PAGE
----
It’s a claim that can be made, with plenty of justification, for Navarra – a surprisingly diverse region of north eastern Spain where winemakers have been unleashing their creativity for decades. Today’s Navarra wines are varied and versatile, providing plenty of scope for independent merchants in the UK to explore.
Published in association with Wines of Navarra
Spain is not exactly short of exciting wine regions at the moment. Across the country the standard of winemaking has never been higher, while the wines themselves have never been more interestingly and deliciously varied.
Even in such a competitive context, however, one region stands out. Ideally situated for fine-wine production at a north eastern Spanish meeting point of cultural and climatic influences, Navarra is arguably the single most dynamic region in Spain right now, with a diverse cast of talented winemakers producing a range of distinctive, well-priced wines that offers something for every wine lover.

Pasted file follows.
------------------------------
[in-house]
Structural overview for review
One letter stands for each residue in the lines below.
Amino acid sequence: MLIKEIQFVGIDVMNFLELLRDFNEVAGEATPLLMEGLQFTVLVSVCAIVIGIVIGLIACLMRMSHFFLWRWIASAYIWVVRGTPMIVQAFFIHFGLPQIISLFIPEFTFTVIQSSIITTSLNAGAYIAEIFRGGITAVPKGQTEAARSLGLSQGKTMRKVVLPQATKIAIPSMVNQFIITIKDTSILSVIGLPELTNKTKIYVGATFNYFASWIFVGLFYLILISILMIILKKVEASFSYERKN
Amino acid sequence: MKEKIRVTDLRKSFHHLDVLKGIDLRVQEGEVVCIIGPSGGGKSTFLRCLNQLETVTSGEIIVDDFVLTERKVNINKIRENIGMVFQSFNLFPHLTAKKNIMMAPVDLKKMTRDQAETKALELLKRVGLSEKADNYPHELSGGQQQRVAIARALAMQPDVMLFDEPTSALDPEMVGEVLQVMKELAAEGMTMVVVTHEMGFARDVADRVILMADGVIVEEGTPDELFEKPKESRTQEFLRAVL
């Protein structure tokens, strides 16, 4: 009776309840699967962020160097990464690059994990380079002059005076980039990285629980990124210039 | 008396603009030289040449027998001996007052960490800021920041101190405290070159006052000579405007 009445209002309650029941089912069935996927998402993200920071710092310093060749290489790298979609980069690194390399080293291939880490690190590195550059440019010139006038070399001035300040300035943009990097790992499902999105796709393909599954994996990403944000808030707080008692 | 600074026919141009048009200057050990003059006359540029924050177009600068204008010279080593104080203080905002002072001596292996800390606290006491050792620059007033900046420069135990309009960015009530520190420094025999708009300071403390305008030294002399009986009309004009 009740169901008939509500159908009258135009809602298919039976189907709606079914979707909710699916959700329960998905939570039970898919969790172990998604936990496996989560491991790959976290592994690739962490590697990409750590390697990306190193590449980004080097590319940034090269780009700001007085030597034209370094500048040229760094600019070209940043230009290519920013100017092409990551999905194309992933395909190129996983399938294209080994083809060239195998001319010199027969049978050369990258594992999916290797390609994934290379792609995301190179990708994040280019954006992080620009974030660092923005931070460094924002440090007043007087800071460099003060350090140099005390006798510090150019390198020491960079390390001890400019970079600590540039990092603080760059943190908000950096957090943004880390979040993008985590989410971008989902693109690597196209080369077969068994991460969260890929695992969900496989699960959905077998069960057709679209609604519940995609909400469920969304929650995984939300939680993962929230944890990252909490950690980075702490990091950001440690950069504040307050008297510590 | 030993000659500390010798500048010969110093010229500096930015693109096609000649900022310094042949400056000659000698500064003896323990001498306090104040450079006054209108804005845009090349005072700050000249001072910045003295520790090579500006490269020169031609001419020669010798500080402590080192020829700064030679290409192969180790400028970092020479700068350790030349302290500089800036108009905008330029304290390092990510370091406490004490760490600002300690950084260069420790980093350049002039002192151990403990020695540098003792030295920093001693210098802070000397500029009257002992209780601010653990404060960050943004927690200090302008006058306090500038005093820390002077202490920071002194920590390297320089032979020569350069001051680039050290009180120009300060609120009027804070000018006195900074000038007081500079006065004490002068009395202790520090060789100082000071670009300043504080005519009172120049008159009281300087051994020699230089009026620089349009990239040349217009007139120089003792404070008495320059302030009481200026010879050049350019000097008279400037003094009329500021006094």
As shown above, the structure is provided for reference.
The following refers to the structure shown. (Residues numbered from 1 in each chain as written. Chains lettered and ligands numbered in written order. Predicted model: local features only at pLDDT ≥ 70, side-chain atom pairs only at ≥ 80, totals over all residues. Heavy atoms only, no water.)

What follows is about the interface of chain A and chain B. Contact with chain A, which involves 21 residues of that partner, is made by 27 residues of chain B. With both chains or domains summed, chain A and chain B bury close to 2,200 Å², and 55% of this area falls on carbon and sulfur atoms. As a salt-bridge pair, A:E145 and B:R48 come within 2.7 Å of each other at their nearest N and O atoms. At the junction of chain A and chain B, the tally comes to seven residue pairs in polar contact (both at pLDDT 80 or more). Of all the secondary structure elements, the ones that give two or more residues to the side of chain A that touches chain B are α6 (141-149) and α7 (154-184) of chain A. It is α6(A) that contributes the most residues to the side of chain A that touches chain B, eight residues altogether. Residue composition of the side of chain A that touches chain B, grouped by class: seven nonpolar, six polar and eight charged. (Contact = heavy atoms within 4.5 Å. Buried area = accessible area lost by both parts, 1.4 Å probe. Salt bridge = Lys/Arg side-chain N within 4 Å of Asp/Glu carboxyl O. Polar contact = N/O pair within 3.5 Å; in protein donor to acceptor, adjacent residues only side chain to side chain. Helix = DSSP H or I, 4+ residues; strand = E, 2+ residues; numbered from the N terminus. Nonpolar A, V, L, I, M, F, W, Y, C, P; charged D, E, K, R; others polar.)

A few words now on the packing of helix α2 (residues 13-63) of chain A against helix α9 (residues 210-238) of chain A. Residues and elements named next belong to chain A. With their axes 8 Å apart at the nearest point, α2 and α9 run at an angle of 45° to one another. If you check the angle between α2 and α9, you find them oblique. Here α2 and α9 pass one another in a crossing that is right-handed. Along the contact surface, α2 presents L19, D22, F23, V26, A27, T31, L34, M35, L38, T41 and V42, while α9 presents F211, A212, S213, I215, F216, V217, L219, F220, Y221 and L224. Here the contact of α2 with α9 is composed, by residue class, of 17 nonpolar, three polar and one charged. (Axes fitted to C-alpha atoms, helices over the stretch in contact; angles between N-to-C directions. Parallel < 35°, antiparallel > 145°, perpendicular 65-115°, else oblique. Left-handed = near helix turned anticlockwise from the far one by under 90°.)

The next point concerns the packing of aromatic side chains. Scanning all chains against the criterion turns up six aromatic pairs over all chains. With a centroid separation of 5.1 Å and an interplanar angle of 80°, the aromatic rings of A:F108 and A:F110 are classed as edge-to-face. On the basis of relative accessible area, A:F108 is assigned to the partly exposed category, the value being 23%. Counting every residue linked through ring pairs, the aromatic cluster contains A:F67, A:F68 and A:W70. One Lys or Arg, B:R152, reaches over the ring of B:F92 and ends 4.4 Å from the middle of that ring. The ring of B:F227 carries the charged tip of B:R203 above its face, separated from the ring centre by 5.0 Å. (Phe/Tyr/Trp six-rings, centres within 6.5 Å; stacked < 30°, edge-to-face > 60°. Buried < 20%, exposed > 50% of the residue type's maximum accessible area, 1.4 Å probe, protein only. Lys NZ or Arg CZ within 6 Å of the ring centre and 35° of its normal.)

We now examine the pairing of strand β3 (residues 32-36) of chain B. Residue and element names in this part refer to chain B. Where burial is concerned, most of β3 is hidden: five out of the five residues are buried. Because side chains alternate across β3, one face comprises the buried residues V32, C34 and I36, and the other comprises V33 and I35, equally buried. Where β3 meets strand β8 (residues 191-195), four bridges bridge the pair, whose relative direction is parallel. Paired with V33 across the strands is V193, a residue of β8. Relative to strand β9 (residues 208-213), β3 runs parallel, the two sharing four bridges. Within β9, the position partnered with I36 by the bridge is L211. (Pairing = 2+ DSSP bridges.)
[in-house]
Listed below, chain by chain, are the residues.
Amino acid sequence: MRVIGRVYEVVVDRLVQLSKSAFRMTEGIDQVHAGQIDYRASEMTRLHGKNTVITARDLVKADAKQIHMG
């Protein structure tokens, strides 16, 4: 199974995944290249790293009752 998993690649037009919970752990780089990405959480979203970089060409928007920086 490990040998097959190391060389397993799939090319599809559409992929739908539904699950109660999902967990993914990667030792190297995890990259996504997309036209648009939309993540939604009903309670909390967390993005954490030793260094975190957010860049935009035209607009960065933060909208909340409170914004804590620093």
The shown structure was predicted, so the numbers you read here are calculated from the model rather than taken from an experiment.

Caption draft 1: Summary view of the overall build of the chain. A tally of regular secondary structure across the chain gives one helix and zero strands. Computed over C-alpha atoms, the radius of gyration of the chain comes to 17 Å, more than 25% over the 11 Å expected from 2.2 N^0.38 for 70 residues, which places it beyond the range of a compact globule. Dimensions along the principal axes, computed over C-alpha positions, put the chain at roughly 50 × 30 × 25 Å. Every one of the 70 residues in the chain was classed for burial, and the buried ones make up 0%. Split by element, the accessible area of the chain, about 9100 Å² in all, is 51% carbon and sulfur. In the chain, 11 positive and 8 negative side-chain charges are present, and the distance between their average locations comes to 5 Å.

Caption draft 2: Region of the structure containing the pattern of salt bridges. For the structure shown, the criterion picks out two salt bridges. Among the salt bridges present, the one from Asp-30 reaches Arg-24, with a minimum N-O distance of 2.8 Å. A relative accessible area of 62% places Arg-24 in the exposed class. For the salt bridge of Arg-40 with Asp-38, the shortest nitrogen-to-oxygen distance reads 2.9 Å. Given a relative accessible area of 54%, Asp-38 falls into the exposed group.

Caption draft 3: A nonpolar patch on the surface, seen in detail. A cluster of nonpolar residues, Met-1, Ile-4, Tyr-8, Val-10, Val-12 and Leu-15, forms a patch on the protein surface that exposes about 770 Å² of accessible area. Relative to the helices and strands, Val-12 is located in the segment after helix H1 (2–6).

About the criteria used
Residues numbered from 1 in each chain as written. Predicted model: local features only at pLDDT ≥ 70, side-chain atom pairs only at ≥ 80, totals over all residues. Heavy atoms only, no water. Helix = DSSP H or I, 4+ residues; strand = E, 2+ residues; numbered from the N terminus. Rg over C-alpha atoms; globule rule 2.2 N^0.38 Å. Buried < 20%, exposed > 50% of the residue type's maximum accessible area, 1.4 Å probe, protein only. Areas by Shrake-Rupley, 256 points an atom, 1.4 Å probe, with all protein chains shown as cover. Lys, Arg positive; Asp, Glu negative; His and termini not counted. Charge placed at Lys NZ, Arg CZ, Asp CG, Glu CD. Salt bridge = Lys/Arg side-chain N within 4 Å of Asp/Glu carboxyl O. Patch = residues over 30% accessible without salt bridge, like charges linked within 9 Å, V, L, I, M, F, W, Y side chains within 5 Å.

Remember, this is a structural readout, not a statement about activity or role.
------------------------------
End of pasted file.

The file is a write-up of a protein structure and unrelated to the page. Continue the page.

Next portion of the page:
As with all great wine regions, Navarra’s natural advantages start with the situation of its vineyards. Located in the far north east of Spain, Navarra – uniquely for the Iberian peninsula – sits at the confluence of three distinct climates: Atlantic, Continental and Mediterranean.
Navarra’s five distinct sub-regions – Baja Montaña, Valdizarbe, Tierra Estella, Ribera Alta and Ribera Baja – are therefore each shaped by their proximity to the Bay of Biscay and the Pyrenees to the north, and by the moderating influence of the Ebro River Valley in the south.
But the extraordinary diversity of Navarra’s growing conditions is about more than the climatic variations. As you make your way through the DO’s 100km length, from Pamplona in the north to the Ebro River plain in the south, you move through a complex tapestry of different ecosystems, landscapes, expositions, and soils, with the Navarra DO’s 10,200-plus hectares taking in slopes, river plains and plateaux.
To this heady assortment of different terroirs, Navarra can also add its unique cultural diversity and heritage. Navarra’s position just across the border from France, and its long historical connections with the country, have brought a fascinating vini-viti-cultural mix of influences, a combination of Spanish and French that makes it quite distinct from other regions both north and south of the border.